Keeping your firewall rules updated can be a tedious chore when doing it manually - especially when there is so much malicious traffic going on from multiple sources.

My home network currently uses the Unifi Security Gateway and it has a really nice user interface (via the Unifi Controller software) - however, nice interfaces are only good for manual interactions.

Luckily, the Unifi Controller has its own API and thankfully it has been documented by curious and helpful Internet-people on it's own [Ubiquiti Community Wiki] (].

For our purpose, we like this endpoint at first glance:

rest/firewallrule	GET/PUT	User defined firewall rules.

However, maintaining an ever-growing list of rules can be messy and hard to keep track of.

Instead, we will create a Firewall Group and use that for our rule.

From here, all we need to do is use that group to add/remove IP's.

We then set that group as the rejection rule source in the firewall:

We now have a neat little rule to block any IP from the firewall group in front of everything else:

Next, we can make use of the following endpoint to update the firewall group instead:

rest/firewallgroup	GET/PUT	User defined firewall groups.

Note: Before any endpoints can be called, we first need to call /api/login with a dictionary of {"username":"dummy","password":"dummy"} to retrieve a cookie for our session - this cookie called unifises needs to be sent with all subsequent calls.

curl https://<url>:8443/api/login -d '{"username":"<user>", "password":"<password>"}' -v
< Set-Cookie: unifises=abcdefagasdf1234; Path=/; Secure; HttpOnly 
< Set-Cookie: csrf_token=abcdefghj; Path=/; Secure  

The way the firewall group updates work is that we first need to perform a GET to retrieve all groups (which includes the IPs already in there) and then update the object with changes to the IP list and PUT the firewall group object to the rest/firewallgroup/<group_id> endpoint.

curl https://<url>:8443/api/s/default/rest/firewallgroup -H "Cookie: unifises=abcdefhgdsf1234;"
    "meta": {
        "rc": "ok"
    "data": [
            "_id": "12345",
            "name": "Block IPs",
            "group_type": "address-group",
            "group_members": [],
            "site_id": "abcdefg"

Grap the object with the name of the group you wish to update and append IP strings to the group-members array.

curl -XPUT https://<url>:8443/api/s/default/rest/firewallgroup -H "Cookie: unifises=abcdefhgdsf1234;" -d '{"meta":{"rc":"ok"},"data":[{"_id":"12345","name":"Block IPs","group_type":"address-group","group_members":[""],"site_id":"abcdefg"}]}'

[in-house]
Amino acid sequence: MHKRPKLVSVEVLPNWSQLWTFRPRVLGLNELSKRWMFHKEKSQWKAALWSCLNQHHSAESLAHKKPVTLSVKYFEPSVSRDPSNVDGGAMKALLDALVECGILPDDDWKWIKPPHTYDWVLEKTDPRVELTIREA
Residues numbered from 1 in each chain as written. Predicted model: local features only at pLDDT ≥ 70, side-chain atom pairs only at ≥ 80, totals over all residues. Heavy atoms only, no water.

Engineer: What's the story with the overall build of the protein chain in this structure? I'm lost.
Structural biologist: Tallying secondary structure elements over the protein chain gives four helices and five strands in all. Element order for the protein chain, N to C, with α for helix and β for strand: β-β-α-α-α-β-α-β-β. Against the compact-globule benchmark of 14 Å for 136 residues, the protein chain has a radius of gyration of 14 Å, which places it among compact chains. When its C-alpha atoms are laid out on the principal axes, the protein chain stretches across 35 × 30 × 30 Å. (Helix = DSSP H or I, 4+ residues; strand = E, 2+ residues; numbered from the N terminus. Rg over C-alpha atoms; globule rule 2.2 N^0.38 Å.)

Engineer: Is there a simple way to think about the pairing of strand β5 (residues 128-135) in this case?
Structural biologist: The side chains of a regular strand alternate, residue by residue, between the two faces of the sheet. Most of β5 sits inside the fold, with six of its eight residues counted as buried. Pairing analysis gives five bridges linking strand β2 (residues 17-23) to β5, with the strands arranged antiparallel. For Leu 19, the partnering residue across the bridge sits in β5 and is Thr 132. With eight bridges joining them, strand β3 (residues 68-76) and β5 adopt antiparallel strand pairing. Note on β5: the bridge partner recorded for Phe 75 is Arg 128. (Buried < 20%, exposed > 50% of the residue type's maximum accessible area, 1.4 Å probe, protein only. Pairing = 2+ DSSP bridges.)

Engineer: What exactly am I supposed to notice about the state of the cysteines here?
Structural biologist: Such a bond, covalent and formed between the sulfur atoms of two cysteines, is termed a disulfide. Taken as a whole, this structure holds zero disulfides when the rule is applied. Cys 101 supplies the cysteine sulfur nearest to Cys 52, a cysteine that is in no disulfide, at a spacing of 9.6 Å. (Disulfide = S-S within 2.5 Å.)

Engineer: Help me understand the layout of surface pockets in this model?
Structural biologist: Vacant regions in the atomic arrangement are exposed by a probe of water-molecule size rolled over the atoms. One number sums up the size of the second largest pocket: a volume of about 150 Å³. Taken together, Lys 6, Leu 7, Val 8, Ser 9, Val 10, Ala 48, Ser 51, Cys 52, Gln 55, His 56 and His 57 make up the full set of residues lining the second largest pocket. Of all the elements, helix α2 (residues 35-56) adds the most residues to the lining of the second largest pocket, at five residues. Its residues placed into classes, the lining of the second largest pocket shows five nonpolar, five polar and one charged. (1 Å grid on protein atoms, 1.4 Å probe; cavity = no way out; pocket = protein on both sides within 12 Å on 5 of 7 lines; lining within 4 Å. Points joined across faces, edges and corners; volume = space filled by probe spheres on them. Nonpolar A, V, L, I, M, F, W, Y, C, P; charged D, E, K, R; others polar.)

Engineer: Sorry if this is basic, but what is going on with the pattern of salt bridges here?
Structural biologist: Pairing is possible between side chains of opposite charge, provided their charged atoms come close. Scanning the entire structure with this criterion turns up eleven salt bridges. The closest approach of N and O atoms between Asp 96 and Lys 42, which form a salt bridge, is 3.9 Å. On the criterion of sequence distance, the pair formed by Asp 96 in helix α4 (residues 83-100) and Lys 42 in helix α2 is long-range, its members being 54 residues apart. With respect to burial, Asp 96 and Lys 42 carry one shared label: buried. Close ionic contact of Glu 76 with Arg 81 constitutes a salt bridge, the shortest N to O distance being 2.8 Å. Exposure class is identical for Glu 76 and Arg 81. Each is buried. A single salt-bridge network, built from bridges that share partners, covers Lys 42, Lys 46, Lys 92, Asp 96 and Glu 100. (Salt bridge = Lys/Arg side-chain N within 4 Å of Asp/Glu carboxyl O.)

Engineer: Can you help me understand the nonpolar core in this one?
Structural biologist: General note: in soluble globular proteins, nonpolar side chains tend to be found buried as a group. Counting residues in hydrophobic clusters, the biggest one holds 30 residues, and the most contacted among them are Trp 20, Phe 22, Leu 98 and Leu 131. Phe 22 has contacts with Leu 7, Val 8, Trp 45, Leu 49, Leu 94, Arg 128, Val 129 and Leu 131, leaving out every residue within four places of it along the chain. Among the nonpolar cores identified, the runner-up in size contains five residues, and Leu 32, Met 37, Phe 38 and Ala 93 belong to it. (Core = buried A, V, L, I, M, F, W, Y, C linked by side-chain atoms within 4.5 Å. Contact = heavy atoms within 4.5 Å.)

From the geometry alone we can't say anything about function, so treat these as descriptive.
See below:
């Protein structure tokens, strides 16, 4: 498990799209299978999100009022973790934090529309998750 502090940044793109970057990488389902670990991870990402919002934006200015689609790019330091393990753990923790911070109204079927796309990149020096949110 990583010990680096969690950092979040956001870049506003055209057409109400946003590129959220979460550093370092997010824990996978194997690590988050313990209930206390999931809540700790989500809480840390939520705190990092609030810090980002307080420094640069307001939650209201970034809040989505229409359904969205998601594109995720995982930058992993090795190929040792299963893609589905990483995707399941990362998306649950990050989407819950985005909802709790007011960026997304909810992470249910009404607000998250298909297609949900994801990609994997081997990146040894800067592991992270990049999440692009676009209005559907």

Our group is now updated with and any visits from there will be blocked (I'd be a bit surprised if that IP showed up).

This is a bit manual, so read on for a Python variant with some candy sprinkled in.

Getting IPs from Azure Queue

You need to tell which IPs to block, obviously, and there are many ways you could do that - now you have the tools to perform the block.

In my setup, I use Azure Sentinel (more on this here) to alert when malicious or suspicious IPs are trying to connect to my home network - it then triggers a Sentinel Playbook that determines if the IP should be blocked and places a message on an Azure Queue.

The reason for using Azure Queue and not, say, a web hook or similar is because I don't want to expose more target vectors to the internet.

By using a queue, I can initiate communication from within my network and pull the data I want in a more secure manner.

Of course, this is not real time protection, but should keep most out of your network before any real damage can be done.

To do this, I have a Docker container running on my NAS - this container has a simple script that runs every five minutes and does the following:

  • Read new messages from the queue
  • If they are flagged as malicious, append them to the firewall group we created earlier
  • Create an Azure Table entry for the IP to track when we last saw it
  • Retrieve all entries from the Azure Table that is older than 7 days and evict them from the firewall group

The Python script and Docker file can be found here sentinel-log/usg-scripts at main · FrodeHus/sentinel-log (

It needs a couple of things:

  • Username/password for a admin user on your Unifi Controller
  • The address of the Unifi Controller
  • Connection string for your Azure Storage Account where the queue and table resides

The script reads these from environment variables and if you run it as a Docker container, this should do the trick:

# build the image
docker build -t firewall-updater:latest .

# run the image
docker run -d -e UNIFI_USERNAME=<username> -e UNIFI_PASSWORD=<password> -e UNIFI_CONTROLLER=<my.controller.local> -e AZURE_STORAGE_CONNECTION_STRING=`az storage account show-connection-string -n <account name> -g <resource group> | jq ".connectionString"` firewall-updater:latest
Busy blocking IPs

Hopefully this has been useful :)